Under the Senate’s so-called Better Care Reconciliation Act (BCRA) or the House’s American Health Care Act (AHCA), the Medicaid expansion is phased out and the program is decimated with $800 billion in cuts. If these plans become law, state governments will be stuck with extremely low, restricted federal funds to run their Medicaid programs under per capita caps. With such harsh budgetary constraints, hospitals will likely see their uncompensated care costs rise, leading to fewer jobs and services for communities that need them.
Medicaid is vital to nursing homes for YOUR parents and grandparents.
Almost two-thirds of nursing home costs are covered by Medicaid. Seniors who spent their working lives at low income jobs have few personal financial resources to help them afford nursing home care, which tends to be expensive. Similarly, middle class seniors often spend most of their savings on basic necessities during retirement. Fortunately, Medicaid offers all of these seniors peace of mind by covering nursing home care.
As the children and grandchildren of our fellow American seniors, we have to appreciate just how much Medicaid helps our families. If the destructive per capita caps in the BCRA or AHCA bills become law, state governments will be forced to make tough decisions on how much and what kind of nursing home care will be available for our seniors in Medicaid. Without the support of nursing home care, more Americans will opt for working less and staying home more to provide care to an elderly or disabled family member. That decision will be economically painful for millions of families and communities.
Medicaid is a first responder to disasters ― in YOUR community.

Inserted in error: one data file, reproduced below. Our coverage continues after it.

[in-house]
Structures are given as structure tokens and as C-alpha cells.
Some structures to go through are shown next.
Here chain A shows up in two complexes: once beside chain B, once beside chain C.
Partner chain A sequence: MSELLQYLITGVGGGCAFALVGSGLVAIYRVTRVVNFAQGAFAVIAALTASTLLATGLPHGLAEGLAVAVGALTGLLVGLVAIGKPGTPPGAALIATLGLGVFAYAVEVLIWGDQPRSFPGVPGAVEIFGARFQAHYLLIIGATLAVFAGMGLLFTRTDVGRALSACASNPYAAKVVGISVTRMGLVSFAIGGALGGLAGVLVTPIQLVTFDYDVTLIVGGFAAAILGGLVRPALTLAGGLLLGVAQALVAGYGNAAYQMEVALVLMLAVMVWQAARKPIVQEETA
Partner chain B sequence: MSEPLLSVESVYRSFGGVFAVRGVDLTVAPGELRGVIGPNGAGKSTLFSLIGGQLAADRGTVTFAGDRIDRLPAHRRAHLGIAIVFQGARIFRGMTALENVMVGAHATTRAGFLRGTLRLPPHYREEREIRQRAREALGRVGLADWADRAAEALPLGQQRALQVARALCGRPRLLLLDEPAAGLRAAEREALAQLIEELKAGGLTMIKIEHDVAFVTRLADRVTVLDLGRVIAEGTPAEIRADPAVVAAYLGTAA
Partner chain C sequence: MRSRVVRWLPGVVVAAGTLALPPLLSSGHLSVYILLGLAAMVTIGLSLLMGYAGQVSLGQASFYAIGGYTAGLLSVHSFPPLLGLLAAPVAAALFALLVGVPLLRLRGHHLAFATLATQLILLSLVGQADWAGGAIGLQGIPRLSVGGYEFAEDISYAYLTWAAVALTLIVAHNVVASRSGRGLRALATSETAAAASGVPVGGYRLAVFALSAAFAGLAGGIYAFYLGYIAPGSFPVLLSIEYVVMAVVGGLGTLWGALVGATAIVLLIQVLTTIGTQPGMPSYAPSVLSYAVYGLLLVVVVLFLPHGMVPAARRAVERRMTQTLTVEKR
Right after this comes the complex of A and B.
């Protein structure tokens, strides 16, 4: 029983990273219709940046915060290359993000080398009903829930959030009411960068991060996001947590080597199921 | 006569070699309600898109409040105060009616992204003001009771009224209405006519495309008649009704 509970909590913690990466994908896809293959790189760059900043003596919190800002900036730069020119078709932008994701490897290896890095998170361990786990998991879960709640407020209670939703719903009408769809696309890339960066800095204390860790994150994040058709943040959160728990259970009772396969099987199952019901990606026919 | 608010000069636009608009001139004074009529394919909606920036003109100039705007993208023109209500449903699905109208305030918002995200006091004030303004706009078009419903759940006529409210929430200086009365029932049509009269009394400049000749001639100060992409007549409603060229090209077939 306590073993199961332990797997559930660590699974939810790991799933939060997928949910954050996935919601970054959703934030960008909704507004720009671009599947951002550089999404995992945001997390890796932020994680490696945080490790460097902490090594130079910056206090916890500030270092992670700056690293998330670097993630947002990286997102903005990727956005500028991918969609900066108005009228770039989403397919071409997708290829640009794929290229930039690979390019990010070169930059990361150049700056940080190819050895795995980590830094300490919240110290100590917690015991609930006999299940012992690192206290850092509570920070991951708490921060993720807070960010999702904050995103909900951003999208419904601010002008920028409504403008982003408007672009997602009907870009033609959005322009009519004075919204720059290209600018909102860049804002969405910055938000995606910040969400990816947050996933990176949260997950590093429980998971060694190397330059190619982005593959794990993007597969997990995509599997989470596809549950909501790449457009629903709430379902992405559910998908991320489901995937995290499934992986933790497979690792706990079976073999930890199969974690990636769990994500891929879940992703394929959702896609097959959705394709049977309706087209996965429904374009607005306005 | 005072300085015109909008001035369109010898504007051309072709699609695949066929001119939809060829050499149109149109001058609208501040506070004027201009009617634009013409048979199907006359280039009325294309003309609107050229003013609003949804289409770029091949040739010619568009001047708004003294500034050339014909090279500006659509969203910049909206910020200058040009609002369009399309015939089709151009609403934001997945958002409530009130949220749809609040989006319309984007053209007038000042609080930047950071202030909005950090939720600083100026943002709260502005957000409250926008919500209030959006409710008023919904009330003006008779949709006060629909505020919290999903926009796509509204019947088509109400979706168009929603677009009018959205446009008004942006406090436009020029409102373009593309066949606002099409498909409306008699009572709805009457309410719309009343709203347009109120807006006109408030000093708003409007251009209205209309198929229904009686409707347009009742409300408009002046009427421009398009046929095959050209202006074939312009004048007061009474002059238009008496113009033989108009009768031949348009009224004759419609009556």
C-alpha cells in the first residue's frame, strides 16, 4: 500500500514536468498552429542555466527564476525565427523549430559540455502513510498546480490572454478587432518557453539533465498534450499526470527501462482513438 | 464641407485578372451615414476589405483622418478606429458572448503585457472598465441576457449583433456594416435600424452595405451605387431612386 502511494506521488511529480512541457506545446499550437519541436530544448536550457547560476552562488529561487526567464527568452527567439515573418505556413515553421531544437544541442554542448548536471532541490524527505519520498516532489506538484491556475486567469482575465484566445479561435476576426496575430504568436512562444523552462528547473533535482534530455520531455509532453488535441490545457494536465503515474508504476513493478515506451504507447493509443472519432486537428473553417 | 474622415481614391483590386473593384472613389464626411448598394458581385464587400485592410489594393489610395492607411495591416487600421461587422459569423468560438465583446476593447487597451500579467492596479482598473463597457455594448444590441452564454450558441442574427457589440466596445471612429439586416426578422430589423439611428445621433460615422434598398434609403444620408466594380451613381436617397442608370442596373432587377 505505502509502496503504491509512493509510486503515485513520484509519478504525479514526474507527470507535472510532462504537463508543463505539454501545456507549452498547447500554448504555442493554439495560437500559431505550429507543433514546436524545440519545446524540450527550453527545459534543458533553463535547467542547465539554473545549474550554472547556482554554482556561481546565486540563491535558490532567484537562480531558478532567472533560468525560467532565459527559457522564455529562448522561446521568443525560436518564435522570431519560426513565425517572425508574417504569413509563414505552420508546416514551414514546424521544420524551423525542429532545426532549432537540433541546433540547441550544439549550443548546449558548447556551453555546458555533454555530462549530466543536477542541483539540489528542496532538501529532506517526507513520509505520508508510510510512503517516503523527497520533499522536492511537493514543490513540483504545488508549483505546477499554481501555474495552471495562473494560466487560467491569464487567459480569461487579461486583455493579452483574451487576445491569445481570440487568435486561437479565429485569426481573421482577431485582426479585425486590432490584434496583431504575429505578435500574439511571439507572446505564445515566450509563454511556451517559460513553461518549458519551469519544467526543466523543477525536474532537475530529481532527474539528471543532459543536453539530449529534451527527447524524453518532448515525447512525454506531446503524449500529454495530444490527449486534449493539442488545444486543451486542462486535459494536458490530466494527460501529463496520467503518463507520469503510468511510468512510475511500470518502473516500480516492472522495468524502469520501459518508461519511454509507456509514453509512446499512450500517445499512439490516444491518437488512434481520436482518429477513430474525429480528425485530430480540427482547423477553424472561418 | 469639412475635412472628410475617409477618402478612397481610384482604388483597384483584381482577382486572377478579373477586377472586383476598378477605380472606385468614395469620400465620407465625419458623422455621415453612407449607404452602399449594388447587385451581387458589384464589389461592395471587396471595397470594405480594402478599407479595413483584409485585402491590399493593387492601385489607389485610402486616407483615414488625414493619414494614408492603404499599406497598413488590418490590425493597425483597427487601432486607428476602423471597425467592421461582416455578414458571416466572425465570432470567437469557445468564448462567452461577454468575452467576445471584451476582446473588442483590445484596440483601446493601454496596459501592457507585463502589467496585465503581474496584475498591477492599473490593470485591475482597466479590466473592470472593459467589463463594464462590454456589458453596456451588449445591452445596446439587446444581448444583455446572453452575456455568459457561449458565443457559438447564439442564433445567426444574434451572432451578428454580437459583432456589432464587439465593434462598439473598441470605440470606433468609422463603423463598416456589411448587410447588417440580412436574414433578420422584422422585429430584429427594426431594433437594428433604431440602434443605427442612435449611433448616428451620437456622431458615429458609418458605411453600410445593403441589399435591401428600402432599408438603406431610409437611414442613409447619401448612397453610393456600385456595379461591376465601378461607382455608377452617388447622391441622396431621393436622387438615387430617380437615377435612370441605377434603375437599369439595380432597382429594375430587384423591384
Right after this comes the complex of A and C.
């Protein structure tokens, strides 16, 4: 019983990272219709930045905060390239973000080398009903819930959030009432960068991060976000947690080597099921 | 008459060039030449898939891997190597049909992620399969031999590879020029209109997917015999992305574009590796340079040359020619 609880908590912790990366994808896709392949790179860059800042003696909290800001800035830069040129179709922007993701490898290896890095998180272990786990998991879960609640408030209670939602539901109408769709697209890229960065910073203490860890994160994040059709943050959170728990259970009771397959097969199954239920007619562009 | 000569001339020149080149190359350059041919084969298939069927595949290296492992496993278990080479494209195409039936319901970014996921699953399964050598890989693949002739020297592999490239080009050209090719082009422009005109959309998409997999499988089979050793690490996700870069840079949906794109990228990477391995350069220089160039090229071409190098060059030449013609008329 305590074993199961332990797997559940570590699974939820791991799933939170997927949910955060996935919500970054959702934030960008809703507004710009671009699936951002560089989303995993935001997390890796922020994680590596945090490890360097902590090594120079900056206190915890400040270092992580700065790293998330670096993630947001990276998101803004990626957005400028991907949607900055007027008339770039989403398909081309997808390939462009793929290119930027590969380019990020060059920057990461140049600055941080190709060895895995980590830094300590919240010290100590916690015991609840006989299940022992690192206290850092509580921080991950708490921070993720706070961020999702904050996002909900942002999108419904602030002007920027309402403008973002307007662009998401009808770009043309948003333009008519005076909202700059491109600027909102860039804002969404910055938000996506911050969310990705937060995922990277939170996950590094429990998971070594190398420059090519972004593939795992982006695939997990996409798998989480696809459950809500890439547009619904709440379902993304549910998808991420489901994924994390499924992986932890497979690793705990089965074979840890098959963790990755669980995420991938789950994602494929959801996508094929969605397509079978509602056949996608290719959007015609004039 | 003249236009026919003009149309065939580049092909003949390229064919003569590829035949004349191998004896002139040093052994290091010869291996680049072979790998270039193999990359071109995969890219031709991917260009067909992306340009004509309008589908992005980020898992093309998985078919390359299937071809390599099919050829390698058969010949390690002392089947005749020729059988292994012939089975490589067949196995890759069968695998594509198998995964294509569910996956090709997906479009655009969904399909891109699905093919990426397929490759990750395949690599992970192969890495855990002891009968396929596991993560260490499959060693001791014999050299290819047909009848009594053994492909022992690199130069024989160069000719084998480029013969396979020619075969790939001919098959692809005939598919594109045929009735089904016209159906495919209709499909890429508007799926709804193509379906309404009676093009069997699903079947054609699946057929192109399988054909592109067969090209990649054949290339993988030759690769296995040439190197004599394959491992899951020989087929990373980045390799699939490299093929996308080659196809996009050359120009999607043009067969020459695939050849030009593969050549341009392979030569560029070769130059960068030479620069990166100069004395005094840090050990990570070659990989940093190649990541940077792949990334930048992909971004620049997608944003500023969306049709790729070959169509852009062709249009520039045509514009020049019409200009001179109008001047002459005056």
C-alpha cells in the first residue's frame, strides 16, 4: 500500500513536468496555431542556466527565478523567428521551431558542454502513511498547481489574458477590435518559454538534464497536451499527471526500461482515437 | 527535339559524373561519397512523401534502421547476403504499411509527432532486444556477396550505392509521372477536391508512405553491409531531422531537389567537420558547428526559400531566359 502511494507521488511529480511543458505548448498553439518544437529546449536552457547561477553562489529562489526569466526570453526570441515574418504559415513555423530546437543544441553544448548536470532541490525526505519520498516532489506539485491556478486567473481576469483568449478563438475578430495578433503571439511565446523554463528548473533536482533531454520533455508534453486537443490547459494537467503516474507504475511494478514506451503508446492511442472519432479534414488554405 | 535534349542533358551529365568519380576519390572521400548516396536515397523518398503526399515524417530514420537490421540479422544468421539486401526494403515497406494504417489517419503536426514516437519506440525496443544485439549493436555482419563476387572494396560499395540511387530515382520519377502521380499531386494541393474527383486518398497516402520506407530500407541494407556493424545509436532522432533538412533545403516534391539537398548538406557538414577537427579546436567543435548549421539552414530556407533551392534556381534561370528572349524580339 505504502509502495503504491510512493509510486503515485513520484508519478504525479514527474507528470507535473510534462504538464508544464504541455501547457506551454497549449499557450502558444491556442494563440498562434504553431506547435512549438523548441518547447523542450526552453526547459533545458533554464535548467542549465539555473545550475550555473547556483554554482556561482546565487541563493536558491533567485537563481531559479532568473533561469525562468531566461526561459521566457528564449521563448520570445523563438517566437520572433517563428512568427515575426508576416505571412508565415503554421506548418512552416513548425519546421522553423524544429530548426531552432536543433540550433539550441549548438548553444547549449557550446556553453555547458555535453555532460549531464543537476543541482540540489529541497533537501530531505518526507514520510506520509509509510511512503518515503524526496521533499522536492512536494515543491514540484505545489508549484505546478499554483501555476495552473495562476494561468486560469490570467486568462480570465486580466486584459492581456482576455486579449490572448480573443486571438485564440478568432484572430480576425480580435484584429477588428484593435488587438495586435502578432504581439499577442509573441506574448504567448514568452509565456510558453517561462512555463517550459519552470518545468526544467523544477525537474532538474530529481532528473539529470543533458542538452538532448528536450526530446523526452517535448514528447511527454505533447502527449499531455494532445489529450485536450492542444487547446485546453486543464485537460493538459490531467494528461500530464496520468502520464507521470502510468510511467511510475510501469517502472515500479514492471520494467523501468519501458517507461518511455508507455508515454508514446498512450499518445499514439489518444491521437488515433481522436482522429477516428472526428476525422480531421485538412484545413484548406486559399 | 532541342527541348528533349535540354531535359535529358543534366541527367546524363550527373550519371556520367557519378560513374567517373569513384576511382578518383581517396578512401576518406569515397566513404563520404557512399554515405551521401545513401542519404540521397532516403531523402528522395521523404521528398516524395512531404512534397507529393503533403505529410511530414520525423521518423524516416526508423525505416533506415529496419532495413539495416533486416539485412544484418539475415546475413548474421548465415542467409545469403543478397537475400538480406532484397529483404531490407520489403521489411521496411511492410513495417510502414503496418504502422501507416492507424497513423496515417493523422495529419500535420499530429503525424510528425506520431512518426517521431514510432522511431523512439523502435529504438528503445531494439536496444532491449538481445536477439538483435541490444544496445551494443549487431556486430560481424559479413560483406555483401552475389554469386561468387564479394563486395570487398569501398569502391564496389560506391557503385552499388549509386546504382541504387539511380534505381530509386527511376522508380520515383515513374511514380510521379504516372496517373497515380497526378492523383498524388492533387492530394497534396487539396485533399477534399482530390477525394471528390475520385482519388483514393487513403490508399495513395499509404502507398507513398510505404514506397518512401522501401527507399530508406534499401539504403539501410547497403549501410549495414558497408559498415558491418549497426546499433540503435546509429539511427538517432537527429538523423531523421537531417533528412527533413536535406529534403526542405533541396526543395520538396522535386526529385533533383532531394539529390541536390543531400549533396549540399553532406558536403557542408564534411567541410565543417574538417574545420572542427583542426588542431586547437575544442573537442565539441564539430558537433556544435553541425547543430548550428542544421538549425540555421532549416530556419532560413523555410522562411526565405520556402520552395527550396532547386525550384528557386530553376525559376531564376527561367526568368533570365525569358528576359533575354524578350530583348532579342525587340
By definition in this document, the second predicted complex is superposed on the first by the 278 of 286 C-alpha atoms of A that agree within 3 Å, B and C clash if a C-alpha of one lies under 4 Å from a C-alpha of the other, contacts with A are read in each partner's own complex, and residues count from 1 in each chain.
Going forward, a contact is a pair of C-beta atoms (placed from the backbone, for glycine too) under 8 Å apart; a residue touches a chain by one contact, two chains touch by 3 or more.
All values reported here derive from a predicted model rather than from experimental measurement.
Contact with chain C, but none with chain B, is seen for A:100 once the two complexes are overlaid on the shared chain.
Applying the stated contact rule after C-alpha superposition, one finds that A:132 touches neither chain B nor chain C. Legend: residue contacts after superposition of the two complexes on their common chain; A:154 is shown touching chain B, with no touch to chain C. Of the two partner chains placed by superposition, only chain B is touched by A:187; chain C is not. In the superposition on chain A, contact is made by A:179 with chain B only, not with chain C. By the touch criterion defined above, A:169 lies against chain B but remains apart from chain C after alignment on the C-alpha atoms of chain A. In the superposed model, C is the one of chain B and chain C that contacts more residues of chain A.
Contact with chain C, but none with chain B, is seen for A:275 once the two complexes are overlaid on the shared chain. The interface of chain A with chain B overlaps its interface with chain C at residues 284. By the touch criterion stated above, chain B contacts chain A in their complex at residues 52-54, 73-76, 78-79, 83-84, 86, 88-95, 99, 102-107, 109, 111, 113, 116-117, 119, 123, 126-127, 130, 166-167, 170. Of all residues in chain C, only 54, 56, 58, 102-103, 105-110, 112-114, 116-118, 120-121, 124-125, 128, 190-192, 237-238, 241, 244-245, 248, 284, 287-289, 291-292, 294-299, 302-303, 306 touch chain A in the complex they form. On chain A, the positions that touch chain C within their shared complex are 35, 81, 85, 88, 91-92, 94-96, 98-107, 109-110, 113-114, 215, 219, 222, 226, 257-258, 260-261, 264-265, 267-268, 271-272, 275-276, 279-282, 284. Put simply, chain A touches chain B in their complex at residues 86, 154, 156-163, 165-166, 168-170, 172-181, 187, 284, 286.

Under current law, the federal government has an open commitment to each state’s Medicaid program, which is incredibly important during public health challenges like natural disasters, the opioid crisis, or disease threats like the Zika virus. By providing health care, coordinating between agencies, and educating the general public, Medicaid proves its reliability when times are tough. Thanks to Medicaid, the uninsured rate for children actually decreased during the recent recession while that rate increased for adults (there was no Affordable Care Act to help people at that time).
Medicaid is similarly indispensable to fighting the opioid epidemic sweeping across the country. Opioid abuse hurts families from every economic background, not just “those other people” with low incomes. Medicaid is America’s largest provider of mental health and substance abuse services. The program currently enables health care providers and public health experts to develop effective strategies to help patients and families struggling with opioids. This work is severely undermined by freezing Medicaid expansion under the ACA and slashing the program’s funding.
The Senate’s BCRA bill pretends to make up for its assault on Medicaid by creating a $2 billion fund for treating substance abuse disorders. This is a distraction and a disgrace. Even if this money were doubled or quadrupled, it would not be enough. Furthermore, our fellow Americans struggling with opioids need Medicaid to be fully funded without the limitations of per capita caps or block grants. Patients with substance abuse disorders need the kind of comprehensive care Medicaid currently provides, where both physical and mental health are addressed; and where the connections between housing, nutrition, employment, and health are optimized for recovery.
We have a long road ahead to turn the tide against opioids. The BCRA’s attacks on Medicaid prove the bill and its supporters do not take the work seriously.
According to the Congressional Budget Office (CBO), 22 million Americans will lose health care under the Senate’s so-called Better Care Reconciliation Act. Our response must not be “let them get jobs.” When we save Medicaid from the BCRA or AHCA versions of Trumpcare, we not only save our fellow Americans from unnecessary cruelty but we also save ourselves. All of us are vulnerable. None of us should be expendable. We must disconnect a person’s work status and income from the basic human right of health care. In the richest country on earth, no one should be unworthy of wellness. This summer, we must continue to remind Congress that attacks on Medicaid patients are attacks on all of us.